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#565221 - 09/14/06 12:51 AM How does a composer of piano music choose between enharmonic keys?  
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pianojerome Offline
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Why would a composer of piano music choose to write a piece of music in C-Sharp Major instead of D-Flat Major or vice-versa (or similar circumstances with other keys)?


Sam
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#565222 - 09/14/06 01:42 AM Re: How does a composer of piano music choose between enharmonic keys?  
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PoStTeNeBrAsLuX Offline
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I believe that is is firstly for ease of reading, and secondly (following on from that) because of where the modulations go. If, for example, the piece is essentially in C#/Db major, but maybe a second subject (perhaps rather unconventionally) were in the tonic minor, such that modulations in a development section were to wander through keys like E major and even A major, then one would be tempted to annotate the piece in C# major, and take advantage of the easy to read notes for E major, rather than Fb major. But you can see how often this happens by the much larger proportion of pieces written in Db major, rather than C# major wink

EDIT: Another way of putting it would be that the majority of conventional pieces of music tend to modulate farther away from the tonic, and more often, through 'sharper' keys (dominant, supertonic, etc), thus leading to naturals in Db major, which would mean harder-to-read double sharps if annotated in C# major.

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#565223 - 09/14/06 04:27 AM Re: How does a composer of piano music choose between enharmonic keys?  
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Sviatoslav Offline
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Different keys lead to different moods.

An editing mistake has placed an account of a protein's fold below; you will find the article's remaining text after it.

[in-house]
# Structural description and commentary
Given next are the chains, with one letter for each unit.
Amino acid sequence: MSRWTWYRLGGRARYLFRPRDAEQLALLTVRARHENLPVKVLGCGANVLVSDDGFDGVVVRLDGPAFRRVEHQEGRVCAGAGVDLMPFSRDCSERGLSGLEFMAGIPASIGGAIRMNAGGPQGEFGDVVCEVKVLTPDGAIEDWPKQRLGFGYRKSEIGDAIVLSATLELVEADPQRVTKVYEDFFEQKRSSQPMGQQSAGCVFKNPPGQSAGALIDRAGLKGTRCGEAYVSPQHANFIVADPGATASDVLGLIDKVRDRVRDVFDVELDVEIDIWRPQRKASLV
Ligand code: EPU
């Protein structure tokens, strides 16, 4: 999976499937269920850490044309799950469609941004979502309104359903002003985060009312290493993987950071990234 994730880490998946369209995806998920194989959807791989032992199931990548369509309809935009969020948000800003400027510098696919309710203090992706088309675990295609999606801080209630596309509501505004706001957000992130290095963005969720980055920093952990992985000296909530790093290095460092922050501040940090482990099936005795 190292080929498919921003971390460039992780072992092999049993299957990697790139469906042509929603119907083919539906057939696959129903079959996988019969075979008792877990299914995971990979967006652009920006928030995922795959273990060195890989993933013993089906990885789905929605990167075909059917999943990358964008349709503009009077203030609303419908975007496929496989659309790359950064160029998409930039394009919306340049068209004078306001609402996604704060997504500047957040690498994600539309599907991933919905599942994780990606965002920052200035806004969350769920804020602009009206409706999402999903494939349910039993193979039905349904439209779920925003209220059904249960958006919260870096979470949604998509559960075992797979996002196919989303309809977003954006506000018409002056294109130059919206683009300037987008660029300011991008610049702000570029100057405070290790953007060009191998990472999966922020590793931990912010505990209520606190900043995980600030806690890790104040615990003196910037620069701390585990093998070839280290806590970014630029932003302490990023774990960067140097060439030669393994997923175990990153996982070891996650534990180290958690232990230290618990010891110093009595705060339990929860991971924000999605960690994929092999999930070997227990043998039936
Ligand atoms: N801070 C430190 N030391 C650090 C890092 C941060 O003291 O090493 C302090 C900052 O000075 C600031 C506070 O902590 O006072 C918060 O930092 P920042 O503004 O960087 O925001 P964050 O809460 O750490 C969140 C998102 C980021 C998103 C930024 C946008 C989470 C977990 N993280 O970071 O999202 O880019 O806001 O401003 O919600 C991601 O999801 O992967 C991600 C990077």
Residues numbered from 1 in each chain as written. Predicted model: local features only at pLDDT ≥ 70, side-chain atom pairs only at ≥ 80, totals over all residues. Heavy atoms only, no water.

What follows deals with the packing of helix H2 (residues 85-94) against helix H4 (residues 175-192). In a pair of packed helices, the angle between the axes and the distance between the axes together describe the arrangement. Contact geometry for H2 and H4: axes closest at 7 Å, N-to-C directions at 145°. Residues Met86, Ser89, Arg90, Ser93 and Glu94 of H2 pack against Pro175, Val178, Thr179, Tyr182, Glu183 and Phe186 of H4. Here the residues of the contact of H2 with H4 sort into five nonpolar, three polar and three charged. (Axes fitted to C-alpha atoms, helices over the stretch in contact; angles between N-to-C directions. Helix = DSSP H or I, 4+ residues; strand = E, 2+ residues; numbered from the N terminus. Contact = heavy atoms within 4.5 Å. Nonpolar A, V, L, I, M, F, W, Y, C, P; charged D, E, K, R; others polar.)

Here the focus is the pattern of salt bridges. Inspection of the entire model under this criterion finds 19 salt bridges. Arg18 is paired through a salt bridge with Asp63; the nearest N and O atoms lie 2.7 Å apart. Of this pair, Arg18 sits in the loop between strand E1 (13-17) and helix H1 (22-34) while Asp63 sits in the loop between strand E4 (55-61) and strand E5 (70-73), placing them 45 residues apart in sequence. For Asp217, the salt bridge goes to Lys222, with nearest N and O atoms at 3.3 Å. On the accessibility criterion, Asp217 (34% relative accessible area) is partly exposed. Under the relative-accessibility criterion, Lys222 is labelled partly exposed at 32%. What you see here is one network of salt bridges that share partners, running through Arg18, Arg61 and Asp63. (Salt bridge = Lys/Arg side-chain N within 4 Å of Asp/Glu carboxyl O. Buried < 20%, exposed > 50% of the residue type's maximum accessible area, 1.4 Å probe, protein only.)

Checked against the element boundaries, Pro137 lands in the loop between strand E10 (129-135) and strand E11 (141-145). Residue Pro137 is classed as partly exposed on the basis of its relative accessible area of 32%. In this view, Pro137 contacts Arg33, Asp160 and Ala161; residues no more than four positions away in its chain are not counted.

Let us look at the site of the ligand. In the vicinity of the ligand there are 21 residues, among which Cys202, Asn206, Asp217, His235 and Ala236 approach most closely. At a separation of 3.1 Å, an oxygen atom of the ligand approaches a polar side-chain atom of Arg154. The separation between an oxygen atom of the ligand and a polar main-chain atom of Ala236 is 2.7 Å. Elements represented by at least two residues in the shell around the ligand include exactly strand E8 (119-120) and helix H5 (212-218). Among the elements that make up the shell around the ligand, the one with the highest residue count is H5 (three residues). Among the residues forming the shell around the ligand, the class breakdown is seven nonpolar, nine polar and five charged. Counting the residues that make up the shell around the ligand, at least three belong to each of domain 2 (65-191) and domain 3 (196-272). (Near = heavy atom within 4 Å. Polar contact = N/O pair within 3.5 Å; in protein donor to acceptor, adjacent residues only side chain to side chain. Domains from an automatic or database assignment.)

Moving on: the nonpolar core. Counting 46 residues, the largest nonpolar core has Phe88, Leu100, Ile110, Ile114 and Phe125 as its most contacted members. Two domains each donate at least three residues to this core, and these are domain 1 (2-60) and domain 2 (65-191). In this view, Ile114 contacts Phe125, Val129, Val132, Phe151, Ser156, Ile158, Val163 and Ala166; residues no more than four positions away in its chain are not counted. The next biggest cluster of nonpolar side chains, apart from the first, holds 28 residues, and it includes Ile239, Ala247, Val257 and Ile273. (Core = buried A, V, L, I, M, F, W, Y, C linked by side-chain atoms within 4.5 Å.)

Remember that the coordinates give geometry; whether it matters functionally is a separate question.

C # Major for example is associated with a mysterious character (Beethoven's Moonlight, Chopin's prelude op 45, scherzo n3 etc.).
And so it goes for other keys.

Some examples in Mozart could be:
C Major is the key of big ceremonies, of military marches, of solemn celebrations (and sometimes can also become a caricature). Symphony K. 338, Concerto K. 503, beginning of Concerto K. 467, beginning of the Jupiter symphony

G minor is the key of desperation, of passion, like in the Symphony K. 550 or the Quartet K. 478, Quintet K. 516, or Sonata K. 590d.

C Major - the military air "Non piĆ¹ andrai, farfallone amoroso" in the "Nozze di Figaro".
G minor - the very sad air of Pamina in the second act of the "Magic Flute".

There are also technical problems to solve; in an orchestra usually winds like some specific keys and the other instruments must adapt.

#565224 - 09/14/06 04:27 AM Re: How does a composer of piano music choose between enharmonic keys?  
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JohnEB Offline
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pick the one which will have fewer accidentals based on modulations, as mentioned above.


John
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#565225 - 09/14/06 05:24 AM Re: How does a composer of piano music choose between enharmonic keys?  
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Liszt_BG Offline